These students competed in FBLA-PBL’s national business competition against state representatives from across the United States, Puerto Rico and China. At the Awards of Excellence program, it was announced that Bynum received third place in Accounting Principles. Wolter earned eighth place in Entrepreneurship Concepts. Luong competed in Marketing Concepts and was awarded eighth place. Gregg received eighth place in Sports Management and Marketing.
Truman’s chapter also received the Gold Seal Chapter of Merit Award and its Local Chapter Business Report earned 10th place.
This year’s national theme, “Excellence in Action” reflects the goals of FBLA-PBL members. FBLA-PBL is a nonprofit organization that prepares students for careers in business and business education. Its mission is to bring business and education together in a positive working relationship through innovative leadership and career development programs.
Truman students at the FBLA-PBL’s national business competition in Nashville, Tenn. Pictured, from left, Victoria Bynum, Hailey Ketchum, Josh Gregg, Ashton Wolters and Quan Luong.
Truman’s chapter of Sigma Delta Pi, the National Collegiate Hispanic Honor Society, was named an Honor Chapter for its outstanding activities in 2013-14, the 21st consecutive year the chapter has earned this prestigious distinction.
Lucy Lee, Rho Rho chapter adviser and national president of Sigma Delta Pi, has been instrumental in earning this national honor that was awarded to only 12 chapters nationwide in 2014.
Each May, nearly 600 chapters of Sigma Delta Pi nationwide are asked to submit an annual report detailing their numerous activities and projects from the academic year. Based on these reports, the national executive committee chooses approximately 10-15 Honor Chapters annually. This recognition is based upon the caliber of chapter projects that reflect the Sigma Delta Pi mission of honoring excellence in the study of the Spanish language, contributing to cultural understanding and upholding the goals of the society.
With its national office at the College of Charleston in South Carolina, Sigma Delta Pi is a member of the Association of College Honor Societies, the nation’s only certifying agency for college and university honor societies.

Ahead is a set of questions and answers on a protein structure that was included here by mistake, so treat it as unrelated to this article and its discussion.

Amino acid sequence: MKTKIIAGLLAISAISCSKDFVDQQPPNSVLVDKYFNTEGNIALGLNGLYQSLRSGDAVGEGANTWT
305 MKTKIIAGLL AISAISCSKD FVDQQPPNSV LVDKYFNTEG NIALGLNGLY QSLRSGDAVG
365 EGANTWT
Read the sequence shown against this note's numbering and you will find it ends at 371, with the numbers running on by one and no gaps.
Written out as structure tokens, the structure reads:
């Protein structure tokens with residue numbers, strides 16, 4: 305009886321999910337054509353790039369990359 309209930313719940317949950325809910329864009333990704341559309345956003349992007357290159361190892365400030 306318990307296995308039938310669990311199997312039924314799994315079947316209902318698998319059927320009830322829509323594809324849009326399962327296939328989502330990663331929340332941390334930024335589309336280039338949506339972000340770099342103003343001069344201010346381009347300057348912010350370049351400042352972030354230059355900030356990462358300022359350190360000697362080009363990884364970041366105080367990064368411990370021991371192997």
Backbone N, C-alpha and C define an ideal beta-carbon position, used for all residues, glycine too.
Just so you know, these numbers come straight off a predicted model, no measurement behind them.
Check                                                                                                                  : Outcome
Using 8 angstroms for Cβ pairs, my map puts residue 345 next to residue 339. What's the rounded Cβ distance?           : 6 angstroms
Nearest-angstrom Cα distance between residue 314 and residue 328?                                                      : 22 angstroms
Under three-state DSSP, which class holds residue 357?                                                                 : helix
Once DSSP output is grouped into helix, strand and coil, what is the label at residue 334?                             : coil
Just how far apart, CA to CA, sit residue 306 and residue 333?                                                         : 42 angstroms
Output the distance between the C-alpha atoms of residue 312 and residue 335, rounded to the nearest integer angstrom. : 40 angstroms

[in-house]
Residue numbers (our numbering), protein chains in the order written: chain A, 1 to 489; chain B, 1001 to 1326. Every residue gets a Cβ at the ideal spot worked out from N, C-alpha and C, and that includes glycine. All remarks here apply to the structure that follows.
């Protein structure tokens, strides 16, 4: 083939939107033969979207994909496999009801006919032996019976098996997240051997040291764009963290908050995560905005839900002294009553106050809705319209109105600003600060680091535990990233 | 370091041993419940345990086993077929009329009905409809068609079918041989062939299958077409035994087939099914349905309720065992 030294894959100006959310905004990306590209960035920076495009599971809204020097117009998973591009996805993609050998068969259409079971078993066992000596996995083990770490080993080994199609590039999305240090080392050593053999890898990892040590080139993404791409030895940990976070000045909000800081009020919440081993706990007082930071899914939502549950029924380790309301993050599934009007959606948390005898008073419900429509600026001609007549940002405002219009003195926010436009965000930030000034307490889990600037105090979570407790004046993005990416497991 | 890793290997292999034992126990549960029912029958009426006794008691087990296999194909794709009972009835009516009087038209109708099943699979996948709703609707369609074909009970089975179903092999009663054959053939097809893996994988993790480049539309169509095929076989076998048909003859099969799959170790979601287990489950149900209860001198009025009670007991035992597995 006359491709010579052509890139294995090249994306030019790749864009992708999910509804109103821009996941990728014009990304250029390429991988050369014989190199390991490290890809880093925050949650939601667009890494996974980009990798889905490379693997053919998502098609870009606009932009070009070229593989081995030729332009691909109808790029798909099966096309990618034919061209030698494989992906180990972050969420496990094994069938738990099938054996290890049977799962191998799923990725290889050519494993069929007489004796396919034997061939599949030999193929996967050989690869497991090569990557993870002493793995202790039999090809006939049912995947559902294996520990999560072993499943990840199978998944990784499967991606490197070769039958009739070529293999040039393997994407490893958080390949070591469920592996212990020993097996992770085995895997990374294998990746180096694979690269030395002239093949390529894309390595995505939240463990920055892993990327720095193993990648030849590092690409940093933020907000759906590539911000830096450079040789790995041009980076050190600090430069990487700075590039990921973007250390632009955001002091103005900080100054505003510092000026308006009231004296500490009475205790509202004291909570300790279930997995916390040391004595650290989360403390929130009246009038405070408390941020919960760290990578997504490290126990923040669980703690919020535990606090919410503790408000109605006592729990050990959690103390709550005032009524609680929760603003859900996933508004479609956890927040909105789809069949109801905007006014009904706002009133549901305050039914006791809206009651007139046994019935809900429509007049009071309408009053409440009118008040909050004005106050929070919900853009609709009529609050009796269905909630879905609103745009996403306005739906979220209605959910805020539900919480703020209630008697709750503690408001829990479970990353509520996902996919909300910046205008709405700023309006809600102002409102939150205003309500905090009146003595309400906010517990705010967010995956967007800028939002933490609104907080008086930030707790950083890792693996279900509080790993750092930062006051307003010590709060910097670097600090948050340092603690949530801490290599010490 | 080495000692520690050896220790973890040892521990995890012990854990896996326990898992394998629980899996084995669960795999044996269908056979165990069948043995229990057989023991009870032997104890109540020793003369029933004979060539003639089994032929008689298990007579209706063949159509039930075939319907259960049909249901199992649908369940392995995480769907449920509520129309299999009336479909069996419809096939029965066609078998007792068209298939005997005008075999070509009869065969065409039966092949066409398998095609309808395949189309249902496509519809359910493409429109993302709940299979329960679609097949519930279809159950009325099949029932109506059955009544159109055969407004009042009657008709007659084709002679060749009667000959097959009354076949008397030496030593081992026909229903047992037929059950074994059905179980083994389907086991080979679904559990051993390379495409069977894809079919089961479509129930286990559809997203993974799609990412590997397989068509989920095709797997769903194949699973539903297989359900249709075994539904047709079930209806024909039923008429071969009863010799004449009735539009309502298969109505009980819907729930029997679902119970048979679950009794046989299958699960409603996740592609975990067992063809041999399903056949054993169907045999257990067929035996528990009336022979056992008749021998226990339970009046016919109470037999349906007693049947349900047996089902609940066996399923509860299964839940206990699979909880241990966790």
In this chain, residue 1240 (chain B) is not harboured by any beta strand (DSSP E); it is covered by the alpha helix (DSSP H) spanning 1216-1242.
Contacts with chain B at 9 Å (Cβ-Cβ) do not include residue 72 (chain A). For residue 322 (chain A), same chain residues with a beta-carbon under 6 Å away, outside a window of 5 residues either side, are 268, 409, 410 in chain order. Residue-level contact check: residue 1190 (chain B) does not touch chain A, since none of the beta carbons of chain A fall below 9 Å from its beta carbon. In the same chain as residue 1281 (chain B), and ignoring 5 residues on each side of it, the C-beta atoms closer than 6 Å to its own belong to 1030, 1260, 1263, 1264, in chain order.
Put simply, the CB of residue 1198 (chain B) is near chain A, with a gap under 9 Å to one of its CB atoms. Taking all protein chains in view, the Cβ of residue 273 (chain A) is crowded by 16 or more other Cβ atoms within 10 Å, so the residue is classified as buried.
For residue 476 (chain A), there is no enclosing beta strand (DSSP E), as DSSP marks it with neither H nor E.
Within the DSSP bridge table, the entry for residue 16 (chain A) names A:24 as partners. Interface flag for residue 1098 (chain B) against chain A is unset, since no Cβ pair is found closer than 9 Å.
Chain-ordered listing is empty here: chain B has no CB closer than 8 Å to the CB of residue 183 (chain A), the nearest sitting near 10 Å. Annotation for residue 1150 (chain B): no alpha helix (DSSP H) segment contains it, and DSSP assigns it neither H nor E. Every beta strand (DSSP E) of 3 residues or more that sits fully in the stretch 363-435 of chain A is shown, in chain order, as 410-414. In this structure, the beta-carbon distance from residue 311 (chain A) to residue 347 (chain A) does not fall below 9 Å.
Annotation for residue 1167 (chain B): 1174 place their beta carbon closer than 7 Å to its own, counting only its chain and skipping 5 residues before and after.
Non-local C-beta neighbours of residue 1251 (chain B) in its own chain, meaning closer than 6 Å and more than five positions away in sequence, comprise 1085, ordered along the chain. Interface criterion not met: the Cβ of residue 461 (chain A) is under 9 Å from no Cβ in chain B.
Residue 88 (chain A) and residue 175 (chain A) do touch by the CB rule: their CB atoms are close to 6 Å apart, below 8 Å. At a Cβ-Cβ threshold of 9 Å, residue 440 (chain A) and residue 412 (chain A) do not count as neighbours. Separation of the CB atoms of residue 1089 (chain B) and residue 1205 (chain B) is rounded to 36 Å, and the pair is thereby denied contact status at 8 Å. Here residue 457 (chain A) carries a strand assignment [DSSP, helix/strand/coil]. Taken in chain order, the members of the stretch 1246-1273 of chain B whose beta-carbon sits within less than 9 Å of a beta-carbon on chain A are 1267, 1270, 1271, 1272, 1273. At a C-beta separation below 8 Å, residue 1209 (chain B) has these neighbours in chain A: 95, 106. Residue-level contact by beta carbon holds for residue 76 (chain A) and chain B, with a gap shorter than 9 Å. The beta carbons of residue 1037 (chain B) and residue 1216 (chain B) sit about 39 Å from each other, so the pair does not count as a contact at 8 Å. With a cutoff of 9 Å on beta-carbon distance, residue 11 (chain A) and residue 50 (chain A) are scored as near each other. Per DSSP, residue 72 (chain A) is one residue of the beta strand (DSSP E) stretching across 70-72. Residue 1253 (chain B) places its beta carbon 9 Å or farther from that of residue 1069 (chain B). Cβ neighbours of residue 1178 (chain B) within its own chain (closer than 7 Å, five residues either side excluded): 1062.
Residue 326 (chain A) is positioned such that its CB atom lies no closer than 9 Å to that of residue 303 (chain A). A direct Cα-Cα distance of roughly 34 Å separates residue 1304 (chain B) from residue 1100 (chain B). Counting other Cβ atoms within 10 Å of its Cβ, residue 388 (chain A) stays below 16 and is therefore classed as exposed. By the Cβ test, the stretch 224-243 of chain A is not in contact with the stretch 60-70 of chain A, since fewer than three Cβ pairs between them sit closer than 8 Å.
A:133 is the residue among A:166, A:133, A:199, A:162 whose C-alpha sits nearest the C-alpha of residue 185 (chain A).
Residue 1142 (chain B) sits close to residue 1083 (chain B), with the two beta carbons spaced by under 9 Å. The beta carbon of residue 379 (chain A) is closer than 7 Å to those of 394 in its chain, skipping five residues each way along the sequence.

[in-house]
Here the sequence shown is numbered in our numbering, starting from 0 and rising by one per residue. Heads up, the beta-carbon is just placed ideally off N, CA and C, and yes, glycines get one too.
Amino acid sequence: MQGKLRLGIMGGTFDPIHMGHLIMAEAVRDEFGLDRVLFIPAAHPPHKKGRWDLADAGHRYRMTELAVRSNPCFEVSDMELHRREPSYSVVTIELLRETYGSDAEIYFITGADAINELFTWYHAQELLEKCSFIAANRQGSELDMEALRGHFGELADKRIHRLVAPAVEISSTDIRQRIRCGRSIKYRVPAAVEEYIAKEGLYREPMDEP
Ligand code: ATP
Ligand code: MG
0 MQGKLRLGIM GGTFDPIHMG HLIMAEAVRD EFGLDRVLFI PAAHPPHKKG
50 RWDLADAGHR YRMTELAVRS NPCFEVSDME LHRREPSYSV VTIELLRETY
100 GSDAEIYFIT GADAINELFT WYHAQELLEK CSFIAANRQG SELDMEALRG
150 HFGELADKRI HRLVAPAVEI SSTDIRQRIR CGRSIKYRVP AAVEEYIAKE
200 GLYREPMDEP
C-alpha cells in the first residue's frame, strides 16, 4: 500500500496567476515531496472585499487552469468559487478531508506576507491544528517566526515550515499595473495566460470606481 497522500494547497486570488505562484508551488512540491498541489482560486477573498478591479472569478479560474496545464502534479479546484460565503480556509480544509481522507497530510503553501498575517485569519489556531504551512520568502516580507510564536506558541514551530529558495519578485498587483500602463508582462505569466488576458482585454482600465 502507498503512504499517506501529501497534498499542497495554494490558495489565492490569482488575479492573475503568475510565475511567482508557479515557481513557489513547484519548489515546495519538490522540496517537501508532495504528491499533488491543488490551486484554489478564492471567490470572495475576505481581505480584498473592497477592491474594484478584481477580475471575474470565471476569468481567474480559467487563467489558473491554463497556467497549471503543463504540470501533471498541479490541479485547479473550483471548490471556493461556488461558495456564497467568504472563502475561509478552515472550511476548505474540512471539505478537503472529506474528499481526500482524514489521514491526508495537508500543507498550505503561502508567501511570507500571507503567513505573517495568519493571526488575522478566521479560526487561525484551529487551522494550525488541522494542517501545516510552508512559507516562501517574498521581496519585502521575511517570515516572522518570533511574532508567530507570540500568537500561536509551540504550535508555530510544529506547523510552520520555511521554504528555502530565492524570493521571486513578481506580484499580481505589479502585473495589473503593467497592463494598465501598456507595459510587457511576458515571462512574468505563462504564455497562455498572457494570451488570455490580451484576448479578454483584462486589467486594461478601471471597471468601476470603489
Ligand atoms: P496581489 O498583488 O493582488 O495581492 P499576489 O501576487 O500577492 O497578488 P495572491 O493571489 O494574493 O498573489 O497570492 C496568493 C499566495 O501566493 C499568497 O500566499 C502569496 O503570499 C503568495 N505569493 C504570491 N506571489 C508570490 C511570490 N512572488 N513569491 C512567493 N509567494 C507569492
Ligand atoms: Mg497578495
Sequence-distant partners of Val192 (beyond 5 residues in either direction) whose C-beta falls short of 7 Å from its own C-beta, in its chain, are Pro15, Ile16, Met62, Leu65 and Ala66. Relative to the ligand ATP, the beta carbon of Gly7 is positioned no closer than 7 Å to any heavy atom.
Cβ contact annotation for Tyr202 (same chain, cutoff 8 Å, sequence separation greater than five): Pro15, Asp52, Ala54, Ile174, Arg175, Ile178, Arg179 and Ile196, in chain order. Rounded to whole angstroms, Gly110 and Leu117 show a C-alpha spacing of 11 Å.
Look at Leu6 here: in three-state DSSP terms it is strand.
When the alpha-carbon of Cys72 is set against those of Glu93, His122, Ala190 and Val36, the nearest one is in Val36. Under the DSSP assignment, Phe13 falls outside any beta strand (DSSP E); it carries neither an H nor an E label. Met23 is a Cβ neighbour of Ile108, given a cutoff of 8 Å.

Truman is known for having a large number of clubs and organizations. Many such organizations host informational meetings at the beginning of the academic year and at peak times, eight to 15 events will be listed each day. Information about those meetings may be found on the Master Calendar at truman.edu/event.
If a chartered student organization or a recognized department/division/program at Truman would like to have an on-campus event listed on the Calendar, click on the “Submit an Event” button on the top left side of the page.
Users can also export Master Calendar events by clicking the “iCal Feed” button at the bottom of the page.
- 5:30 p.m.
Campus Channel 36
Truman Media Network Television’s first live broadcast of the semester will feature coverage of Truman Week, as well as tips and tricks for starting the school year. For more news coverage, or for information on how to get involved, visit the Truman Media Network website at tmn.truman.edu.
This is a required class to drive Truman State University fleet full-size vans. Student drivers must also complete Waiver of Vehicle Usage Policy form available on the Department of Public Safety website.
Classes take place at the General Services Building
(Corner of Patterson and Franklin streets)
Please reserve your space.
Participants must sign up to attend.
Allow 2-3 hours for the class.
Class size is limited.
Call 660.785.4177 or email firstname.lastname@example.org.
Check out the Student Recreation Center’s instructional programs at truman.edu/recreation/fitness-wellness-program/instructional-programs/. All classes are free for students, faculty and staff; no sign-ups required. Classes start Aug. 21.
Weight Room Orientation